updated 03:30 pm EDT, Wed August 24, 2005
Apple tops PC Mag survey
Apple once again received the highest score among all PC vendors in PC Magazine's 18th Annual Reader Satisfaction Survey, . Based on data from readers on over 26,000 PCs, Apple "ran up the score against the Windows opposition," receiving a higher score in every single survey result. Apple recieved an overall score of 9.2 in both the desktop and notebook categories, well ahead the No. 2 place vendor, Alienware (8.8) and IBM (8.2), respectively. The report, however, cautioned against possible bias from a passionate user base and also noted Apple's "stingy" warranty policies as well as some problems with the recently released iMac G5.
"Once again, Apple achieves scores that are far and away the highest for all vendors in our survey, earning Readers' Choices in both desktops and notebooks. For Apple, in both the desktop and notebook sections of the survey, every single score is significantly better than the industry average for Windows machines. No exceptions. Apple's overall score for desktops is 9.2, and the closest competing score, Alienware's, is 8.8. Apple's overall score for notebooks, 9.2, is just as high, and the rest are even further behind: IBM and Fujitsu are the closest, at 8.4."
Despite the high grade, the magazine questions the effect of Apple's highly loyal customer base: as a precaution, it removed them from the overall PC mix average, creating a new for Windows-based PC and allowing the report to compare Apple's scores to the "average" Windows PC.
"For the first time, we've removed Apple from the mix when calculating these relative weightings. Whether because Apple's products are truly so much better than everyone else's or because Apple's customers st" warranty policy, saying that it "walks a thin line with its tech support. Support calls to Apple are more likely to result in an extra charge, according to the survey and Apple's 90-day tech support and one-year parts/labor warranty policy is well short of other vendors--some of whom offer lifetime of toll-free technical support and on-site service and repair.are so passionate about their products, the company scores so high that it's like the class genius blowing the curve. More importantly, however, when shopping for a system, buyers are apt to compare Apple's platform to the Windows platform—not just to, say, Dell's product line or HP's. By removing Apple from the calculation of averages, we can compare Apple machines with the 'average' Windows PC."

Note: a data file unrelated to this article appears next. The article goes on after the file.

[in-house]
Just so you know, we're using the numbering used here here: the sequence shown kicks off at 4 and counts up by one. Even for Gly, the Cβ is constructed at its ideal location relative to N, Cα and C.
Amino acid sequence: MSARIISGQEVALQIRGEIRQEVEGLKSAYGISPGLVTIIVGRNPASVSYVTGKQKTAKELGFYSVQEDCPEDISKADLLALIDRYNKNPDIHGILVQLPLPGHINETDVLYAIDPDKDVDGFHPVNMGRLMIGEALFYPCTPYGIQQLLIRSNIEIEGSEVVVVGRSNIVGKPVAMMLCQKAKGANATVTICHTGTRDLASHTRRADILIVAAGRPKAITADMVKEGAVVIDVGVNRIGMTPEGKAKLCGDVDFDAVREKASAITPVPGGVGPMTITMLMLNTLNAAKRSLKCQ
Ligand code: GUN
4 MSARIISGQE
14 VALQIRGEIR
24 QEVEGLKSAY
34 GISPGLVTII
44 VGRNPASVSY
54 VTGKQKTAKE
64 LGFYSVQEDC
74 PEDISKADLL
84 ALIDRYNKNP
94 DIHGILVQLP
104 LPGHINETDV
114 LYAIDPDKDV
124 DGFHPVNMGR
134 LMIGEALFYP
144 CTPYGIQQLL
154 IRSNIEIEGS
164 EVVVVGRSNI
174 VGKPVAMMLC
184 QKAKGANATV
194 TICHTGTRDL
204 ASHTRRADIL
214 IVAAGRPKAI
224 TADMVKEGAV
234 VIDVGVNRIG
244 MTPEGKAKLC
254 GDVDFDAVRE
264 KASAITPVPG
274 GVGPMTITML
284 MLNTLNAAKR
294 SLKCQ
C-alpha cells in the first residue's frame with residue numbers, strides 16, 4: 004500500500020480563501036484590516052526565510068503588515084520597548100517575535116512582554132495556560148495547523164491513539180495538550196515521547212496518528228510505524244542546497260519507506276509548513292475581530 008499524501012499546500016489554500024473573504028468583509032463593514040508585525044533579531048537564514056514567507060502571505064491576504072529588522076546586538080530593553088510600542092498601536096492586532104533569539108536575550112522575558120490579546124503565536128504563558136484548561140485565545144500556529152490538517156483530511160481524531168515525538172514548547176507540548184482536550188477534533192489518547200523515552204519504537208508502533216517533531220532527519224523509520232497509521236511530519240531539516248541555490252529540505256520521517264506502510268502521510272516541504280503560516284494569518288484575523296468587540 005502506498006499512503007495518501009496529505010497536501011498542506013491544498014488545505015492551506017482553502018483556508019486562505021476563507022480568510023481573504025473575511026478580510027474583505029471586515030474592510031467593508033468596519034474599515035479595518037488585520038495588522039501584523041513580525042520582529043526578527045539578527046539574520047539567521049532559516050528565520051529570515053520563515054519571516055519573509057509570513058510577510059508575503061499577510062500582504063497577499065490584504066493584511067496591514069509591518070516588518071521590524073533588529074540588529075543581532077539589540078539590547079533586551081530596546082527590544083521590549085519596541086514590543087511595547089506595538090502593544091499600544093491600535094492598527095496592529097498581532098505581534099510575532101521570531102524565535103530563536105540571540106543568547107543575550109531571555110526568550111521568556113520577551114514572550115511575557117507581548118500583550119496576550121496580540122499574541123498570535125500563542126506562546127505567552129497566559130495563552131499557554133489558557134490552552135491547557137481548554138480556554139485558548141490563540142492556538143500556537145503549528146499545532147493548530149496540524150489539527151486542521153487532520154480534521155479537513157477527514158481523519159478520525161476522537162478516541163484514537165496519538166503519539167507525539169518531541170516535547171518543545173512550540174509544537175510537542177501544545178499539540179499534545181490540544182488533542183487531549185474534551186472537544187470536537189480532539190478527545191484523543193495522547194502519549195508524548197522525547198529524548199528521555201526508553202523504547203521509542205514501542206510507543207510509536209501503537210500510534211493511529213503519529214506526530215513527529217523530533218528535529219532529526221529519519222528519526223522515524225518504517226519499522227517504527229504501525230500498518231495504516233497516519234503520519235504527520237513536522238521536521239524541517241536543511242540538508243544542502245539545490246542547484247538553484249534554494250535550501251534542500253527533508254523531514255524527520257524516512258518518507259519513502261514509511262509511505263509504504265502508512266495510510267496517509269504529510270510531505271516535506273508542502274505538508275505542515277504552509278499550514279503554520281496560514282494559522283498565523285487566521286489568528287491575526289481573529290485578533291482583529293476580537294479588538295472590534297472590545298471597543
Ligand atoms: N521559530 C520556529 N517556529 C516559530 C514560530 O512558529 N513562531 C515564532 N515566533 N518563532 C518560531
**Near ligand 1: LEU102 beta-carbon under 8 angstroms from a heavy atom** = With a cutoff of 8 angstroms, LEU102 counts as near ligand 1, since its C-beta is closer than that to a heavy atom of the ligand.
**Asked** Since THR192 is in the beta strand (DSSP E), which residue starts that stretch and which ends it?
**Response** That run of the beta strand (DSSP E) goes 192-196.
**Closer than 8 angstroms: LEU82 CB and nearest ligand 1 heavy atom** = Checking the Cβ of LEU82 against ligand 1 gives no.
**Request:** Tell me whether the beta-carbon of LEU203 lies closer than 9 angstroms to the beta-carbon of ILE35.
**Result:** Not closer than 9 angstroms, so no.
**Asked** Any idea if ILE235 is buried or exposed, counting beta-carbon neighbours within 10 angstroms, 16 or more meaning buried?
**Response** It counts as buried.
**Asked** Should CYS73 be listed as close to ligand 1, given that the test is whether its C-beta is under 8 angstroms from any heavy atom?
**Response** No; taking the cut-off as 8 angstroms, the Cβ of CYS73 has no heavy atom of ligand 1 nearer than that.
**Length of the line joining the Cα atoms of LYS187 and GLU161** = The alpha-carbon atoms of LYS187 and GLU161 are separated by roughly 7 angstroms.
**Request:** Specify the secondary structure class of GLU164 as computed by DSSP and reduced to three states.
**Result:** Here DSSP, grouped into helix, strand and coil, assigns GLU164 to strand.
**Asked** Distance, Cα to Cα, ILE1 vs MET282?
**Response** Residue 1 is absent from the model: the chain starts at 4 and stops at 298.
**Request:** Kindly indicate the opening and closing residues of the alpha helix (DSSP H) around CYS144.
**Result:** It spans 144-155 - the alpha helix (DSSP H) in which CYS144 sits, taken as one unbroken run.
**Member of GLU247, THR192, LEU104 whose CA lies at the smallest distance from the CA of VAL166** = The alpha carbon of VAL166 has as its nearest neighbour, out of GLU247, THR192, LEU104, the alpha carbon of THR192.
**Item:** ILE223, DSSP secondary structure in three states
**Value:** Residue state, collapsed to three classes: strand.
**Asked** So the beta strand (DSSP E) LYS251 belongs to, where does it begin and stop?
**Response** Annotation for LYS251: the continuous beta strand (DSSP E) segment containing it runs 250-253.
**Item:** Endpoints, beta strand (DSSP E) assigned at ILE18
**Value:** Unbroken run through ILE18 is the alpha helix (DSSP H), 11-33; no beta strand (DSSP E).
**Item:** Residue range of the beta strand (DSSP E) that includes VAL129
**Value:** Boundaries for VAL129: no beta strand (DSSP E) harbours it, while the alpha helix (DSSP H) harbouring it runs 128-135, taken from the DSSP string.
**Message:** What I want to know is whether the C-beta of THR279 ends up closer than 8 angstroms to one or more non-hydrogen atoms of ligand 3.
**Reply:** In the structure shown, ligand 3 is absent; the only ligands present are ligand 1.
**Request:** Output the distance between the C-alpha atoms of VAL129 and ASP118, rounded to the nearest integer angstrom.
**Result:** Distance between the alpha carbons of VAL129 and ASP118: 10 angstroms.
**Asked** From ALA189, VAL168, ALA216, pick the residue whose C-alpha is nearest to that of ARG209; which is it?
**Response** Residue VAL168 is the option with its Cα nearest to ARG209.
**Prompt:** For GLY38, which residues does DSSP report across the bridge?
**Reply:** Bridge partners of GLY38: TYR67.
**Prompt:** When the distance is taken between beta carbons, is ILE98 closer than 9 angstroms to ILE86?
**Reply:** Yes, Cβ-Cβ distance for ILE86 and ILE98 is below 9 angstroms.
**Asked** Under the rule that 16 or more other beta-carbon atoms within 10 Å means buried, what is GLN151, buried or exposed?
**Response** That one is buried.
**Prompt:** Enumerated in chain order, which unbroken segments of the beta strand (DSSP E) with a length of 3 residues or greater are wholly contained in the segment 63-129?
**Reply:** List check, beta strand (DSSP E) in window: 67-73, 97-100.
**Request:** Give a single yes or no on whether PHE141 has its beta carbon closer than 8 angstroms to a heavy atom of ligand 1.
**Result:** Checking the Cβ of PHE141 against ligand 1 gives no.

However, the report, does say that survey responses to specific repair questions, may not be suspect, since it requires a less subjective answers: "On the desktop side, readers say that Apple systems needed repairs only 11 percent of the time, an astonishing number when you consider that the closest competing score is Sony's at 16 percent. Just 17 percent of Apple notebooks needed repair—second to Averatec's 14 percent—but this is still amazingly low considering that no one else is under 20 percent."
The report, however, notes that Apple has "the stingiest" warranty policy, saying that it "walks a thin line with its tech support. Support calls to Apple are more likely to result in an extra charge, according to the survey and Apple's 90-day tech support and one-year parts/labor warranty policy is well short of other vendors--some of whom offer lifetime of toll-free technical support and on-site service and repair.